But it’s the realness only a really good friend can deliver, so Hannah goes to Sandy and asks him why he hasn’t read her piece. He sighs before telling her that he did read it…he just didn’t like it. He kept reiterating that he thought it was very well written but it just wasn’t his thing. Even though Hannah and Sandy seemed to have little else in common. (Sandy’s a Republican. Who actually prefers to acknowledge his blackness instead of “play colorblind” like Hannah.) The fact that he didn’t like her writing was the straw that broke the camel’s back. She walked out on him and the D she was expecting to get that night. I watched the episode, almost cringing. The situation was just too [painfully] familiar. So when my sister’s boyfriend, who was watching the episode with us, wondered why Hannah was so upset, I might have overreacted and been crunker than necessary in explaining
Him: So, if a man doesn’t like something you’ve written then you can’t continue to date him?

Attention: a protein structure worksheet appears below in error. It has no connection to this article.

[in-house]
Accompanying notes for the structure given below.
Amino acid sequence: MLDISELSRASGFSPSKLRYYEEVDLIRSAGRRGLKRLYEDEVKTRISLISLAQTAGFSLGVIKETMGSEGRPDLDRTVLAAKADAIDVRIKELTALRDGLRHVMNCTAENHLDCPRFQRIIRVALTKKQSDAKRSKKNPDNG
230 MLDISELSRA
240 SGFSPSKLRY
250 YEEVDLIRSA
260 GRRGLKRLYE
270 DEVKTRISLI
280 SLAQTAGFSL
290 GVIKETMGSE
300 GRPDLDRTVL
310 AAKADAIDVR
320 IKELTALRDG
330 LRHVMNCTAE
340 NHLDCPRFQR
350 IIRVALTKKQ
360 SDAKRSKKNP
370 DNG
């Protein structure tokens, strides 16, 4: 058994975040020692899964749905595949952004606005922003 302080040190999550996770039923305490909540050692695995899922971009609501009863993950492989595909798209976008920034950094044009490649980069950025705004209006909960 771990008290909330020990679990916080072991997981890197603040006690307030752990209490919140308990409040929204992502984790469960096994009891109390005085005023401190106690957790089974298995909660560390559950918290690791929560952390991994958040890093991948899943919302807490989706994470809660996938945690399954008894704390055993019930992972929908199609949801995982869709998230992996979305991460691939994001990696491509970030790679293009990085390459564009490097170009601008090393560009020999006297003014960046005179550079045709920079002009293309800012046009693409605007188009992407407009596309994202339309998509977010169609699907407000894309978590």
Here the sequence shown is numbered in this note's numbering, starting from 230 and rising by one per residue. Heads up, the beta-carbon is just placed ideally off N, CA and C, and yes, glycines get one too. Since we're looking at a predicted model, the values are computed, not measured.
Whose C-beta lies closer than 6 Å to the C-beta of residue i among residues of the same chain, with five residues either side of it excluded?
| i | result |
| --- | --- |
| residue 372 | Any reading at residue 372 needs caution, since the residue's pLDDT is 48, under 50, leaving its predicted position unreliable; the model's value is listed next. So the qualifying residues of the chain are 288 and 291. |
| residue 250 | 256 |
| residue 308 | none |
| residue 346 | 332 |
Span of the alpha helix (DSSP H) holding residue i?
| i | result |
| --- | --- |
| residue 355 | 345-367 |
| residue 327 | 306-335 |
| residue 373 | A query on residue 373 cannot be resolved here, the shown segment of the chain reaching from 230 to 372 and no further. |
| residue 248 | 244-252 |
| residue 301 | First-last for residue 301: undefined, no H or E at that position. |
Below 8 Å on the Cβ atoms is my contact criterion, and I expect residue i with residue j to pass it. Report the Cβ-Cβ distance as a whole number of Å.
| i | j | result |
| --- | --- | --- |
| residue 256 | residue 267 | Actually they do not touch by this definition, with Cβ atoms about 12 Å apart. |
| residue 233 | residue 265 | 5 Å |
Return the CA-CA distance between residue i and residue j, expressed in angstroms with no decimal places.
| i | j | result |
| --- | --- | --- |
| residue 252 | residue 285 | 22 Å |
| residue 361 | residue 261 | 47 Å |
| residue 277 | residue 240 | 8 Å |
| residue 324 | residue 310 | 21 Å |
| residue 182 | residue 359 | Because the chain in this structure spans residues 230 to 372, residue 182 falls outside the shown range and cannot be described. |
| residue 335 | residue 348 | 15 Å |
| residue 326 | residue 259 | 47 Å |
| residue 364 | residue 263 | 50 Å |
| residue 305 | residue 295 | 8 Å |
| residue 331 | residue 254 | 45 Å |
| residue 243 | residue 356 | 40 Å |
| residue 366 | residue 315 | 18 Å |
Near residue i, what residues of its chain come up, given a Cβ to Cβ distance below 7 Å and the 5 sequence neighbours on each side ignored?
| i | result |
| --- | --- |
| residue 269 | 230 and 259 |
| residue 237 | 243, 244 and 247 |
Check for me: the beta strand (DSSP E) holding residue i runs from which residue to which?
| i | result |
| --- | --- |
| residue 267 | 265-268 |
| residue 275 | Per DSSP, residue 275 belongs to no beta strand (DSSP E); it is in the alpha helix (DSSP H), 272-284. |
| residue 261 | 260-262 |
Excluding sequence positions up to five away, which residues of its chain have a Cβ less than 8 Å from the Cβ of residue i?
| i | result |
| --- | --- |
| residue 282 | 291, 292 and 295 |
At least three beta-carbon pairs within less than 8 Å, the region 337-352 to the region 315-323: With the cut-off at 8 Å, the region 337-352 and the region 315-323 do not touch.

Me: It’s not that he didn’t like it. If a man has constructive criticism for my work, I might not like it, but I’ll appreciate it. He didn’t have any suggestions to make it better. He said it was well written. It was that he didn’t like what she was writing about. If she’s going to write about something then that means she’s passionate about it. And if he doesn’t like what she’s passionate about, then it’s not going to work. Whew Jesus. I had to remember this wasn’t my life or my work that I was defending. It just felt like it. It wasn’t that long ago when I was sitting in a similar situation. It wasn’t that my “Sandy” didn’t like what I wrote or even the way I wrote it. It was that it would take him forever to read it. I’d send it, a day or two would go by, and I’d ask if he’d read it. “No…not yet.” A week… the same response. Every time I sent something, and I’d get that response, my faith in the relationship would decline. In his defense, he would eventually read it, it just took too long, sometimes a month. I’d often wonder if I was overreacting, if I was being impatient. I’m still not entirely sure; but today, I’m leaning more towards no. I mean dang. Writing is what I’ve decided to do with my life. It’s a skill I’ve honed since childhood. It’s the form in which I express myself the most clearly and authentically. It’s my mind, my ideas… me on paper…or a computer screen. If you cared about me, why wouldn’t you read it as soon as you got a little free time? It particularly bothered me because I know, though I wasn’t perfect, that I at least supported and encouraged his dreams and aspirations, anytime he wanted to talk about them. I was always there to lend an ear when he needed it. I didn’t say, “Can we talk about this later?” or zone out while he was speaking about his goals. Why couldn’t I get an eye for an ear? A little reciprocity? Hell if I’ll ever know. But I do understand why Hannah had to be out. Have you ever had a man who you felt didn’t support your dreams or talent? Were you able to work through it or did it eventually cause you to leave?